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Limiting Points in the Handstand Push Up

A goal is a milestone at best
But never a finish line!

Handstand push ups are awesome. Not only do they look cool but they are also incredible training for strength, physique and hand balance technique.

What I probably love most about them is that they can really be whatever you need them to be. If you’re already rather strong and advanced you can do them freestanding for technique, in an L for shoulder bodyweight bodybuilding or chest to wall to really finish off your upper chest. Additionally you pick up plenty of other cool drills along the way to the freestanding HSPU such as the bent arm press or lower to the bent arm planche. Freestanding handstand push ups only work if you commit yourself to placing your weight in your fingertips which is a valuable lesson for anyone training handstands.

Improving your handstand push up can be difficult as multiple things have to come together.

A) you obviously need raw strength
B) you need to be able to hand balance for further progression as your sets get interrupted every time you fall
C) you need to develop a decent understanding for mechanics and weight transfer.

Bringing all of these things together will take some time and you will hit multiple roadblocks along the way.


Here are 3 that I see rather frequently and how to overcome them:

No control on top

Let’s say you’re already pretty strong and let’s even pretend for a moment your handstands are pretty solid as well. You work your way down with full control. You even come back up like it ain’t no thing. Yet, on top you struggle. You lose balance towards the back of your hands and it becomes impossible to balance your handstand on top.

The problem here is that you’ve been preparing the wrong movement pattern the entire time. Chances are high at the top of every L handstand or pike push up you lock out nicely, looking at the feet and throwing your shoulders into flexion.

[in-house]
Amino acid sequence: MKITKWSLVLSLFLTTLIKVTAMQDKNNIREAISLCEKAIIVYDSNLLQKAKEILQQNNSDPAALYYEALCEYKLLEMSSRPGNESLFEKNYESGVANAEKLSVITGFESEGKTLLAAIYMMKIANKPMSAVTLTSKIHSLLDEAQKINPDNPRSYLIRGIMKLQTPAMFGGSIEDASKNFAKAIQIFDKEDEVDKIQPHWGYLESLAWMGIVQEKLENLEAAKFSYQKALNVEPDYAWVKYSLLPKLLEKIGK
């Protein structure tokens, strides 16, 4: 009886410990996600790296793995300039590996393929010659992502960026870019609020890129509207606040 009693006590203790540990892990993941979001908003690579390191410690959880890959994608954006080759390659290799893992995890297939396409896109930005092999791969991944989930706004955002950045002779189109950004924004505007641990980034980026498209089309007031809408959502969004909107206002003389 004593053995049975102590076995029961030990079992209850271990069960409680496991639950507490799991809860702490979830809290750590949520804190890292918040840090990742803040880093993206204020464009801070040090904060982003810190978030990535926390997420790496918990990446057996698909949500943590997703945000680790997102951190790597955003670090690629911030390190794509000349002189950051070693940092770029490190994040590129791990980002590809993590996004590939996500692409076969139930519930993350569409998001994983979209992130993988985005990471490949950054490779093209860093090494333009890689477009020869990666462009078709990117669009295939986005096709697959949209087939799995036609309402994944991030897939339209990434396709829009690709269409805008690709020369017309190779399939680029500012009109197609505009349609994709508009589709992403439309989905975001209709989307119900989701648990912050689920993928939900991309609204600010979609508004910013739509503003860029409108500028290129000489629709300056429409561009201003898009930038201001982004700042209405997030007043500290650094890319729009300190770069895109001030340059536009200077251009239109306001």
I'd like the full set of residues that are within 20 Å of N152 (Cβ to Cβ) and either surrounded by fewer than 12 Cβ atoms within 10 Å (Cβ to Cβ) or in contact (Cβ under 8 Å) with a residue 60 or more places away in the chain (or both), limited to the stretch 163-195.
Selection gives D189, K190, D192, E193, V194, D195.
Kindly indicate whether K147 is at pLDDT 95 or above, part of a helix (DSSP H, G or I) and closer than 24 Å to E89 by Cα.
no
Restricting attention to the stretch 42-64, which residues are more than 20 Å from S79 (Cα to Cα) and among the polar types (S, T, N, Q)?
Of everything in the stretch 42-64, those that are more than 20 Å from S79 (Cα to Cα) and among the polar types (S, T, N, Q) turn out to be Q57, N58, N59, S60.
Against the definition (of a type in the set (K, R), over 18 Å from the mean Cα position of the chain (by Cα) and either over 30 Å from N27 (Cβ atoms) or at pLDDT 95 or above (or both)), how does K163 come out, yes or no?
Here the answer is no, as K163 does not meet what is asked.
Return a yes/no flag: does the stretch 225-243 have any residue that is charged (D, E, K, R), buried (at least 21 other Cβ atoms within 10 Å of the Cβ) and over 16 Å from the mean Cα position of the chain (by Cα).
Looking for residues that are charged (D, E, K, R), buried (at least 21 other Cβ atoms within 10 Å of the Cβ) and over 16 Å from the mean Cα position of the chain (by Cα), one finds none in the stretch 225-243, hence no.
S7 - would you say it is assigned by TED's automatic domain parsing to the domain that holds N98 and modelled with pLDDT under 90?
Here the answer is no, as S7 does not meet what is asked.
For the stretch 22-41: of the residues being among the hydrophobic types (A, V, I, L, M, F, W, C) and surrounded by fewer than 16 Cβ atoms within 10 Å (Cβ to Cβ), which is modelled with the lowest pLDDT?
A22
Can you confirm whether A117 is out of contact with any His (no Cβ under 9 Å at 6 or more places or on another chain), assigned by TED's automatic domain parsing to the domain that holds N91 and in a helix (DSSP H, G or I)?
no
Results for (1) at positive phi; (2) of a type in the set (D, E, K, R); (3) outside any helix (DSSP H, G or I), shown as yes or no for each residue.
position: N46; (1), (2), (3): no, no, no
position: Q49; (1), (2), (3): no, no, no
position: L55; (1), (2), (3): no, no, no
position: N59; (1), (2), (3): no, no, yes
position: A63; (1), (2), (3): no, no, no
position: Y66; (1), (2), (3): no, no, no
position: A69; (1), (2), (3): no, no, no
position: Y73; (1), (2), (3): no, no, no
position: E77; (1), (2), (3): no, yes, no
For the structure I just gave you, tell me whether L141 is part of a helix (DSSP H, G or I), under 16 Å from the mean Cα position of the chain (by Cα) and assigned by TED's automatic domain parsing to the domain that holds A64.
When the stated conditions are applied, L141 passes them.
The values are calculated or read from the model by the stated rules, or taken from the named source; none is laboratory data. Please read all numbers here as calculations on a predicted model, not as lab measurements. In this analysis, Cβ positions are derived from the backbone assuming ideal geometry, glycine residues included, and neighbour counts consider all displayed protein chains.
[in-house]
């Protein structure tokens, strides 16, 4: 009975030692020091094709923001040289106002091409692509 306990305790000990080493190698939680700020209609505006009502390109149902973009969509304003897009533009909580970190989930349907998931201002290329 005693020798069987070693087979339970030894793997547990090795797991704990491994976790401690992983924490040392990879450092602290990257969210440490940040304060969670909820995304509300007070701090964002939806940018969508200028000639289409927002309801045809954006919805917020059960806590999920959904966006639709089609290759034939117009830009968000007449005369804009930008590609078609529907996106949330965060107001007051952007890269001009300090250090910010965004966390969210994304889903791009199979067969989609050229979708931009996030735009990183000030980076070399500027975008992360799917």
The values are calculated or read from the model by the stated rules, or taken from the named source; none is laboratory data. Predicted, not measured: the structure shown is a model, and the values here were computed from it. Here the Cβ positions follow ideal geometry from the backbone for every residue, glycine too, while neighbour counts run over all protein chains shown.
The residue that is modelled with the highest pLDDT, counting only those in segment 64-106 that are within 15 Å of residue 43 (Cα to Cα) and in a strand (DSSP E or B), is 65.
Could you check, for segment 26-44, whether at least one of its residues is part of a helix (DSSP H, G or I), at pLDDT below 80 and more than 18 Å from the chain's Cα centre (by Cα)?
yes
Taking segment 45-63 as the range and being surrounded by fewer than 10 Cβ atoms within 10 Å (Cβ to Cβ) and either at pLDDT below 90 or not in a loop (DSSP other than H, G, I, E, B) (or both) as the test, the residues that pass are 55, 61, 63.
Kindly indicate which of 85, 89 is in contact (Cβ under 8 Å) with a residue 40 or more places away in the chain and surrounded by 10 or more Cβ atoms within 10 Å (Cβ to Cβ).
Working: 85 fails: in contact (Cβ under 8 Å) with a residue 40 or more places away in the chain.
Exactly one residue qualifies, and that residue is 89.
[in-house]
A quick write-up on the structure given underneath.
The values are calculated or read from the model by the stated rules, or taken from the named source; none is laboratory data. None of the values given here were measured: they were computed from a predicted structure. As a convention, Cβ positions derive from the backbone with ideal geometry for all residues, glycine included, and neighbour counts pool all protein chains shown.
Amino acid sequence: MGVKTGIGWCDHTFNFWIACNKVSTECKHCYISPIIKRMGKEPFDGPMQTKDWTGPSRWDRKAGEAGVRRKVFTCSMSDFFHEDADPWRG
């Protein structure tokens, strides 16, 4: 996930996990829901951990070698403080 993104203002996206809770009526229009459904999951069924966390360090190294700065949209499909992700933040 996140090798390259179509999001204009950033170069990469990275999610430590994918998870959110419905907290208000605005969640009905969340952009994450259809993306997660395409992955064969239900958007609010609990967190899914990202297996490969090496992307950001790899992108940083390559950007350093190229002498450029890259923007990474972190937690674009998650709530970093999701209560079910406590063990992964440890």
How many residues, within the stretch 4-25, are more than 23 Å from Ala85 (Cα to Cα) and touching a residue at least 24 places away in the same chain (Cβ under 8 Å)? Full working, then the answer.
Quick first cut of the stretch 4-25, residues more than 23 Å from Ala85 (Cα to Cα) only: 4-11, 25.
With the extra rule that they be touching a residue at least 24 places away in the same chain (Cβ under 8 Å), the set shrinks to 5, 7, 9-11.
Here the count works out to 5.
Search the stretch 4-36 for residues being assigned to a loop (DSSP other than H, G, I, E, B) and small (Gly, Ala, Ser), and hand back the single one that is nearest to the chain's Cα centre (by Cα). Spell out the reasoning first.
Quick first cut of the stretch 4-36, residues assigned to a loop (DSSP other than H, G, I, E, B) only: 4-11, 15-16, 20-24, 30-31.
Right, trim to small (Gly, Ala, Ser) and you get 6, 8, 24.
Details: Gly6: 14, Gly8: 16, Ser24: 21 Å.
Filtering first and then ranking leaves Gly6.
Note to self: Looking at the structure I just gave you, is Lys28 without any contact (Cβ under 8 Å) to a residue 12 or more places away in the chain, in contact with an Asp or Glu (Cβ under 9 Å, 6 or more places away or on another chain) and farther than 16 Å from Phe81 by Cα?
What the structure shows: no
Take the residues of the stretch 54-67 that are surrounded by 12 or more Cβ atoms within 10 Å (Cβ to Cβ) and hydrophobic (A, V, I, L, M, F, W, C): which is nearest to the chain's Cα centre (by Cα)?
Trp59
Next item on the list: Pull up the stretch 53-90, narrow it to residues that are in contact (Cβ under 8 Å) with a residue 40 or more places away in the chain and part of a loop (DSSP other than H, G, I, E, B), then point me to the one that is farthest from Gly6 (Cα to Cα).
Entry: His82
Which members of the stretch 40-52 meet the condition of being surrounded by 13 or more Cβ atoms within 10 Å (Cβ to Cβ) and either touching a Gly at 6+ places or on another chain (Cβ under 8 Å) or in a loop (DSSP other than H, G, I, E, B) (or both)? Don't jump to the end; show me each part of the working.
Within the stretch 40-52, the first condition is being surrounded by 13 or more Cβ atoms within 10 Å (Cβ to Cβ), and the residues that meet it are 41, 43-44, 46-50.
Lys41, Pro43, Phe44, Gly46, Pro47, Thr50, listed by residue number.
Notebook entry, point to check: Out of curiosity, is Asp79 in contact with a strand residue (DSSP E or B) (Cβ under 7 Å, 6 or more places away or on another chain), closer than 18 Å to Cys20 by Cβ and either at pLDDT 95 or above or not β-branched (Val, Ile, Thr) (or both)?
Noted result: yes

Why do you and many others do that? Cuz it feels awesome!! Maybe. I don’t know. Fact is though it doesn’t make any sense. Instead look at your hands the entire time and focus on your alignment on top. Keep weight in the fingertips and and work on fully elevating your scapula in every rep. Prepare for your actual goal!

Arching on the way up

One of the most common problems with the HSPU is an arched back when pushing up. This can happen in a freestanding handstand push up or really at any possible progression.

The main reason for this happening is simply that you’re not strong enough yet. You have to take a step back and work a previous progression more to build up sufficient strength and awareness.
If not strong enough your body usually arches naturally to change the angle of the shoulders and with this gives you the opportunity to use your chest muscles primarily. Your pectoralis (chesticuls) are much stronger than the shoulders alone.

We need to now try and build more strength in the shoulders and upper chest to make up for this lack of strength. Drills that work especially well for that are dead hspus in all progressions where you place your head on the floor in each rep and chest to wall HSPU.

The first helps develop strength in the very bottom phase of the HSPU. The second increases upper chest strength and coordination.

Head stuck on floor for headstand push up

Now this is a pretty specific problem that some of you might never hit because it is not a progression that everybody includes but it represents a much bigger issue. You know when you try a new strength move and nothing moves at all. You feel like the muscles that you are supposed to engage simply do not exist in your body?! Well it happens quite regularly actually. So nothing to worry about here!

The key here is to find progressions to make the load on this muscle smaller or the angle more advantageous to identify this muscle. We need to build up strength of course but especially precise coordination and mechanical feeling. In the headstand push up we can simply elevate the head. Do 3 in every training and slowly work your way down towards the floor one baby step at the time. Couple weeks or even months from now you will be able to push up from the floor without even realizing you made any gains.

No matter where you are currently at in your journey I always recommend taking a step back if stuck. Fix the form of your progressions and do a couple extra reps before coming back to the big one. Staying clean and in control will help you make proper form a habit which is absolutely necessary to stay healthy in the long run. The more progressions you can find on your journey to the full freestanding handstand push up the better. Build strength and control in the precise movement and in all small variations around it.

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